This is a philosophy or method I get behind. Charlotte Mason was an educator from England at the turn of the 20th century. She firmly believed that a child is a person and we must educate the whole person, not just the mind. Today the Charlotte Mason philosophy is more widely adopted in homeschool settings, though there are Charlotte Mason schools throughout the world and they are growing in number in the US, both as private schools and public charter schools.
The Charlotte Mason education is three-pronged: “Education is an Atmosphere, a Discipline, a Life” and her motto for students was “I am, I can, I ought, I will.”
What did she mean by “Atmosphere”? This is the surroundings in which a child grows up because they absorb so much from their home environment. Charlotte believed that parental ideas make up one-third of your child’s education.
“Discipline” is about good habits—and specifically habits of character. Cultivating good habits in your child’s life make up another third of his/her education.
“Life,” applies to academics – the last third. Charlotte believed that children should not be given just dry facts but we should cultivate living thoughts and ideas. One way she did this was by using what she called “living books” rather than dry textbooks.
These books are written in narrative by an author who is passionate about the topic. It reads like the author is telling you a story, or it may be conversational in tone, like the author is sitting across the table from you and having a chat. The stories come from rich sentences, not short, choppy ideas. A living book should also contain ideas and not just facts.
These living books, or other rich literature, should encourage children to narrate (say in their own words) what they read or heard. There is no formal testing. It is about practicing using rich language and making connections between the ideas and information presented. Oral narration helps young children develop analytical thinking skills without getting stuck by the physical mechanics of handwriting. It is at around age 11 that children begin to do written narrations, which lengthen and become more in depth as children get older.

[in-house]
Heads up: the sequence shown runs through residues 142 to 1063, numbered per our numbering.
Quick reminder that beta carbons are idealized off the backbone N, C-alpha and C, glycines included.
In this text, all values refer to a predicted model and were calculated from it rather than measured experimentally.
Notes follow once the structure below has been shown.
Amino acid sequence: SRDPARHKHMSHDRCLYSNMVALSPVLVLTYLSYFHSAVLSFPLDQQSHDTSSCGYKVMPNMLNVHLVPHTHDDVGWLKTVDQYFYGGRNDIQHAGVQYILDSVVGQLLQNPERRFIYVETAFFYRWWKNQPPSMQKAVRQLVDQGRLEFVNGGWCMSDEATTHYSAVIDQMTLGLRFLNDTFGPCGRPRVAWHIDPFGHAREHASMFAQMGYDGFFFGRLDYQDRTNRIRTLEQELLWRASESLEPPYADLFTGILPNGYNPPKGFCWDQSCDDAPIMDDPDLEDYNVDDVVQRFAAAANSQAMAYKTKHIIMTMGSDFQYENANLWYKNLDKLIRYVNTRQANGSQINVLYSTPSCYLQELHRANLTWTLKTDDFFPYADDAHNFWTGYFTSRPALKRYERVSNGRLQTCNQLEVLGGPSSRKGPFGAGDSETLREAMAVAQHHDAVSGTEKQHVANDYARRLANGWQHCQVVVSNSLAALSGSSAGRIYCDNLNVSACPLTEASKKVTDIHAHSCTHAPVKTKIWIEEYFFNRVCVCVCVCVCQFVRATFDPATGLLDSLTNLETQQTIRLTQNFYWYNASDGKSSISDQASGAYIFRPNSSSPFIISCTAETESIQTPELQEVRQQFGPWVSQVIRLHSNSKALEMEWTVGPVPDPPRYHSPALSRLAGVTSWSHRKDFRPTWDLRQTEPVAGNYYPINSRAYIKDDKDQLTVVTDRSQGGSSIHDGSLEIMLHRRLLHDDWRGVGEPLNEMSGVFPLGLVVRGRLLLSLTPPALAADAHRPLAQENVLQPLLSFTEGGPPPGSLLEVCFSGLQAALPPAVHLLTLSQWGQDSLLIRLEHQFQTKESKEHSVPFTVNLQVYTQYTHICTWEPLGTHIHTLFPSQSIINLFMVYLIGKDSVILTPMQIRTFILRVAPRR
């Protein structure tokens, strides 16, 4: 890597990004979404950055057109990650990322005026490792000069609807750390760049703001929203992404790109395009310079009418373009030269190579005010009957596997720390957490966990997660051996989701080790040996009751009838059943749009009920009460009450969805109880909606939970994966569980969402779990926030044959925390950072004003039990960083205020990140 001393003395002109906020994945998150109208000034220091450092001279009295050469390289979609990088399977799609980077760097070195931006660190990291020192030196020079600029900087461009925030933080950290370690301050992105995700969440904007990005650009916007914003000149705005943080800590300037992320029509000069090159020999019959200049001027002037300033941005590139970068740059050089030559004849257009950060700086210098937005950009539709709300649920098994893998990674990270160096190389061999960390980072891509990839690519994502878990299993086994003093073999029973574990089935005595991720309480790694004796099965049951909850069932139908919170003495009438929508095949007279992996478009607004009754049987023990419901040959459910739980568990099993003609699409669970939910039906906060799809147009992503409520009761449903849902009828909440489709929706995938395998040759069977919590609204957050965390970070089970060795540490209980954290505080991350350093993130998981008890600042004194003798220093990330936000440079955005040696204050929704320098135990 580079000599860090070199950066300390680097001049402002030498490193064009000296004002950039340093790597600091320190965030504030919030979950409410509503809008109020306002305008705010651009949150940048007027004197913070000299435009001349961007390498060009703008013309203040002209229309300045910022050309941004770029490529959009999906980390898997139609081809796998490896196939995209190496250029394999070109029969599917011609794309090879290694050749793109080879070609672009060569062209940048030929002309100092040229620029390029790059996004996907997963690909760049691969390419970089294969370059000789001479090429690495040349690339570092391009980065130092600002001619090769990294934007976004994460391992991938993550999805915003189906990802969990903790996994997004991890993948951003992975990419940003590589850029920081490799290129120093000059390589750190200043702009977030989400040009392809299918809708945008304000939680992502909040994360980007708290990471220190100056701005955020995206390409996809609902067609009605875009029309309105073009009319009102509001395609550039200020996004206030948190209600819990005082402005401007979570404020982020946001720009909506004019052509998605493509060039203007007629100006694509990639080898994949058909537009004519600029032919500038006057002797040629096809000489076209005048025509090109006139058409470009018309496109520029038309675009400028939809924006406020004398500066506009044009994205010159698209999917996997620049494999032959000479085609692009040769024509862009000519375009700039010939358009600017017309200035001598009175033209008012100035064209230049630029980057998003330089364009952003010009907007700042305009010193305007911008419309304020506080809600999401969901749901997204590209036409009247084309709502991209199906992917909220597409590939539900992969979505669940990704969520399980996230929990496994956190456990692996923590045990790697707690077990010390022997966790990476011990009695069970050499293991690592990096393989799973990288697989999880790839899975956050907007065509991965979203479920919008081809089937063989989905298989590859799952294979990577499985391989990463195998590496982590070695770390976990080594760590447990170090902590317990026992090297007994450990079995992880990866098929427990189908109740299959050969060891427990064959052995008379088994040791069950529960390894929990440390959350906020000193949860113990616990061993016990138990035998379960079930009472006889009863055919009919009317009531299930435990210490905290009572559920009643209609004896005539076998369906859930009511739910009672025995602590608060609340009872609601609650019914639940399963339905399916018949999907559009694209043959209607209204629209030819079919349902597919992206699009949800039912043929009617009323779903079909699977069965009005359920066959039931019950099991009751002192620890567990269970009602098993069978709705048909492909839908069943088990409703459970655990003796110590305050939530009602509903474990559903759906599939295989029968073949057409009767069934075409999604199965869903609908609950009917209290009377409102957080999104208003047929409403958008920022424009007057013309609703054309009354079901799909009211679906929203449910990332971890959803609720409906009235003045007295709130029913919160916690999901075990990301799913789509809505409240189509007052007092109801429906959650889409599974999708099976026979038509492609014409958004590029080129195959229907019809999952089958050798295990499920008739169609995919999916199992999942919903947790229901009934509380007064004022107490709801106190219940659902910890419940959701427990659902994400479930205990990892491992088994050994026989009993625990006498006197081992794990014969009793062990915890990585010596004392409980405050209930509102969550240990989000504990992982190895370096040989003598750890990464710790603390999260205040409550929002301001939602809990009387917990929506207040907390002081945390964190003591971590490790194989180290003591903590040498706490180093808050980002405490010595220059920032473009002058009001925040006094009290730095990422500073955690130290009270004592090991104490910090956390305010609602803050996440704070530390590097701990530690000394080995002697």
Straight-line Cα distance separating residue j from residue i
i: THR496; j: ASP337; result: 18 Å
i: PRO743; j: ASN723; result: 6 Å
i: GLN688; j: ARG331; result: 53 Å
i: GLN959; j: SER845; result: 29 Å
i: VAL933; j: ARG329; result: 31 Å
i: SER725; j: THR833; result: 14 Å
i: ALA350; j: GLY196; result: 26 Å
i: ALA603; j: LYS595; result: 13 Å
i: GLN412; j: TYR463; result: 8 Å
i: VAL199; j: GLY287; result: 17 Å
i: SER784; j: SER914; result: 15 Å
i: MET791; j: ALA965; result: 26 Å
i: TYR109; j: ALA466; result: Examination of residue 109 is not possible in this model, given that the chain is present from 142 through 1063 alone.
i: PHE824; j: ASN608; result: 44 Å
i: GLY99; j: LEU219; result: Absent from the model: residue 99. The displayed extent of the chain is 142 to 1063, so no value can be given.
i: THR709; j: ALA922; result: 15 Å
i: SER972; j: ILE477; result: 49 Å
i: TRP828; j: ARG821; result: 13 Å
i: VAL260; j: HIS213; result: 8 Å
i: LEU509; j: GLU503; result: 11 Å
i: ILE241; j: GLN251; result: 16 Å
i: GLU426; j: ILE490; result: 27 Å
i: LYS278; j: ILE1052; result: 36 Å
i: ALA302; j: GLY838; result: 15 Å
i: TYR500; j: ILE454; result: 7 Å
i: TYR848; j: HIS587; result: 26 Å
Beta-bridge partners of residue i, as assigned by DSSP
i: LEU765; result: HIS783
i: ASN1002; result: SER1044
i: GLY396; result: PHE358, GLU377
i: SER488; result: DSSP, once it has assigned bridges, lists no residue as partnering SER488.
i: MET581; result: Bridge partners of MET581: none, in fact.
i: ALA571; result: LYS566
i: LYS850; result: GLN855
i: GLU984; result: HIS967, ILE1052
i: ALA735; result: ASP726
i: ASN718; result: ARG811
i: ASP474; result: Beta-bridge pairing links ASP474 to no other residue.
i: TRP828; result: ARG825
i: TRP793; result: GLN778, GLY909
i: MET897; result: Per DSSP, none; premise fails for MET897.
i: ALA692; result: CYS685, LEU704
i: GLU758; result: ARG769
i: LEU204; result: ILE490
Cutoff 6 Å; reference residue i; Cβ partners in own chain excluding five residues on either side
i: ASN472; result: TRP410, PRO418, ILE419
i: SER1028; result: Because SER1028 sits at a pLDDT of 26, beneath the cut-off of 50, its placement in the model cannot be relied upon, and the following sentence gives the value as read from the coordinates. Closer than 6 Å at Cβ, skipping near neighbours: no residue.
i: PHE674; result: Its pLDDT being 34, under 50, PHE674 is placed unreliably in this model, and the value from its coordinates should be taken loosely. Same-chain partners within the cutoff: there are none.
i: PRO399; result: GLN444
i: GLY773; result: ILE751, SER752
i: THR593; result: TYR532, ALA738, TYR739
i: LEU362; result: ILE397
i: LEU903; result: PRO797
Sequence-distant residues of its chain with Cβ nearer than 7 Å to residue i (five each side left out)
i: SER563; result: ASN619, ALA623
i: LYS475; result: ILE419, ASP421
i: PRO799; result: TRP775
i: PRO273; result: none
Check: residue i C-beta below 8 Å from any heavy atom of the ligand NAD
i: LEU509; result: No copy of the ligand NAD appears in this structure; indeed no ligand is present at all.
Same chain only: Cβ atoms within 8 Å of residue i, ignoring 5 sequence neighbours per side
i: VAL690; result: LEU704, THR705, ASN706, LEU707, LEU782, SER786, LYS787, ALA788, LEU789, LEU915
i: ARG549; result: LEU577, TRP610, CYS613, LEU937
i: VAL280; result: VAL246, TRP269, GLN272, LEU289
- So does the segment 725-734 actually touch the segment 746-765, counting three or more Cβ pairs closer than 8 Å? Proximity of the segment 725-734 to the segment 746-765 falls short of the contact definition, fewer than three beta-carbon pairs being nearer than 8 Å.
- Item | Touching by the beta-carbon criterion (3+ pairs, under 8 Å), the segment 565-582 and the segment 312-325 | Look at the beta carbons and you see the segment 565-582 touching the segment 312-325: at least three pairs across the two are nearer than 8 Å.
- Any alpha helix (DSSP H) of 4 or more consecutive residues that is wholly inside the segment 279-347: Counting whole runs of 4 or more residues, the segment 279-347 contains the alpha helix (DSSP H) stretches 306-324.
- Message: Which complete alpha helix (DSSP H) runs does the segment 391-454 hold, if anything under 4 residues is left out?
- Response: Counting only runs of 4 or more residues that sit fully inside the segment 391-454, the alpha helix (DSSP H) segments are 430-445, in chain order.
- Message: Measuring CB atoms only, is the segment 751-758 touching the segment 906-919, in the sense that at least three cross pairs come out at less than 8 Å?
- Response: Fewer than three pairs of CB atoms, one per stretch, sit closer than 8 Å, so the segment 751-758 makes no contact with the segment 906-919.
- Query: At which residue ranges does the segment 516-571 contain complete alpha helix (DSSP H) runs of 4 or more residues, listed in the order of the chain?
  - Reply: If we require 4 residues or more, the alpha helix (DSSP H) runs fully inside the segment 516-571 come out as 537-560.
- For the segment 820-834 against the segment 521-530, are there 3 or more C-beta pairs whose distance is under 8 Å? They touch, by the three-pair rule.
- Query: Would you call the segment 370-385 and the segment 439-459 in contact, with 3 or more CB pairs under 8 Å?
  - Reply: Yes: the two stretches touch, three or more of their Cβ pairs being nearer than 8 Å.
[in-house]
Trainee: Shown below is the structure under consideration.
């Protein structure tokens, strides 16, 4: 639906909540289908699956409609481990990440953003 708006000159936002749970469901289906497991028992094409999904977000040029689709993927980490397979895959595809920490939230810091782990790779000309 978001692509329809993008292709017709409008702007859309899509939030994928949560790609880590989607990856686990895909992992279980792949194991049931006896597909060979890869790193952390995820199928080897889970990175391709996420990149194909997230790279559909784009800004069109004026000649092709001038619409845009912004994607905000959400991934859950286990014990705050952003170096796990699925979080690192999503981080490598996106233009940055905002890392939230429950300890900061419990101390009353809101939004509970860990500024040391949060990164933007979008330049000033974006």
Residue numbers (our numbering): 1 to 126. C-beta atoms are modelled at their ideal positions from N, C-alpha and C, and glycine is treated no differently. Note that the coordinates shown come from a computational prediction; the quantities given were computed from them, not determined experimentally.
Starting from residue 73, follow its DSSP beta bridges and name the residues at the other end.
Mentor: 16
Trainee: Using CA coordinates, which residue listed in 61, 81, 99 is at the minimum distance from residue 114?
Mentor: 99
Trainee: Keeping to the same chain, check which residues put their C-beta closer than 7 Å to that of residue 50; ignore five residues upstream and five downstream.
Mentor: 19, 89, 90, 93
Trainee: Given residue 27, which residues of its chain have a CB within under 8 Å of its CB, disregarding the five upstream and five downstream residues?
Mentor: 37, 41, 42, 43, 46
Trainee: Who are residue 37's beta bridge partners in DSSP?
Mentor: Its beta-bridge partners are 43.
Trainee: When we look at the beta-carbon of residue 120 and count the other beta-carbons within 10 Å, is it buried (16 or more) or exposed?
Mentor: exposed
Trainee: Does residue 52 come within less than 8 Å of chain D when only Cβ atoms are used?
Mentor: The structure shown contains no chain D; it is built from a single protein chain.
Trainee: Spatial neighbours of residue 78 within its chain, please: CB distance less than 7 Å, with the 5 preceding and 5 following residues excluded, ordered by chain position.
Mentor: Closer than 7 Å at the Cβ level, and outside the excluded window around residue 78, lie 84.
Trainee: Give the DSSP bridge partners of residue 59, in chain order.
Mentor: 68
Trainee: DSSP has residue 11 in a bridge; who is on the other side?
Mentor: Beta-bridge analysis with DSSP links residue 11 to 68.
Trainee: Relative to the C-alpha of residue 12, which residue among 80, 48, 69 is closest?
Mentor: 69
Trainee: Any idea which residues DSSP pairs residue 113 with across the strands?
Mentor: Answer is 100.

** Note to parents: if you follow Charlotte Mason education in your home you will be doing a lot of reading out loud to your younger children!
HANDWRITING AND SPELLING
Handwriting and spelling are taught by using passages from great books and quotes rather than just lists of words. It was drawn from the text being read. This is my favorite way of teaching spelling and vocabulary. I do not enjoy spelling or vocabulary lists. Words in isolation are not truly going to be learned and used.
Charlotte Mason style lessons are short, especially for young children. The goal is to train the child to focus fully on their work, but only for the amount of time they are developmentally capable of. For early elementary-aged children this often means only 5-15 minutes per subject. In older grades the duration extends to 45 minutes or more. This does go against the grain of currently how long a lesson should be. When you are homeschooling you find that lessons do not take as long as in the classroom because you have focused instruction time
When a child becomes restless, Charlotte advised changing the lesson to a different type of subject–maybe moving from handwriting to music study, or from math to handicrafts. You can even have your child involved in some form of handicraft while doing their lesson. Providing their hands something to do while listening can greatly increase concentration.
Charlotte Mason believed in exposing a child to greatness in many forms. Music and art appreciation are key components in her education method and in her schools. Each term (about 9-10 weeks) one composer or artist is studied. The students experience the music and art, they read living books about the artist. They also have the opportunity to try and reproduce the style through art or music lessons.
It is best to use a wide variety of sources – from books to handicrafts, from nature walks and math, from singing, art and forgeign languages. Mixing it up, making the most of many different subjects will help to build the habits of full attention, best effort and learning for the sake, or even love, of learning.
Another key component is that children should spend as much time as possible outdoors, especially as young students. Study nature. Keep journals. Use nature guides. Draw what you see. Even have lessons outdoors rather than inside so all senses can be encouraged to experience.
Above all, Charlotte Mason hoped education would open the doors of equality and opportunity for all students, regardless of what social class they belong to. She believed that all children deserve dignity and respect, and this can be given within education too.
For more information about Charlotte Mason and the educational philosophy you can check out this website.
Coming up in a future vlog: Waldorf Schools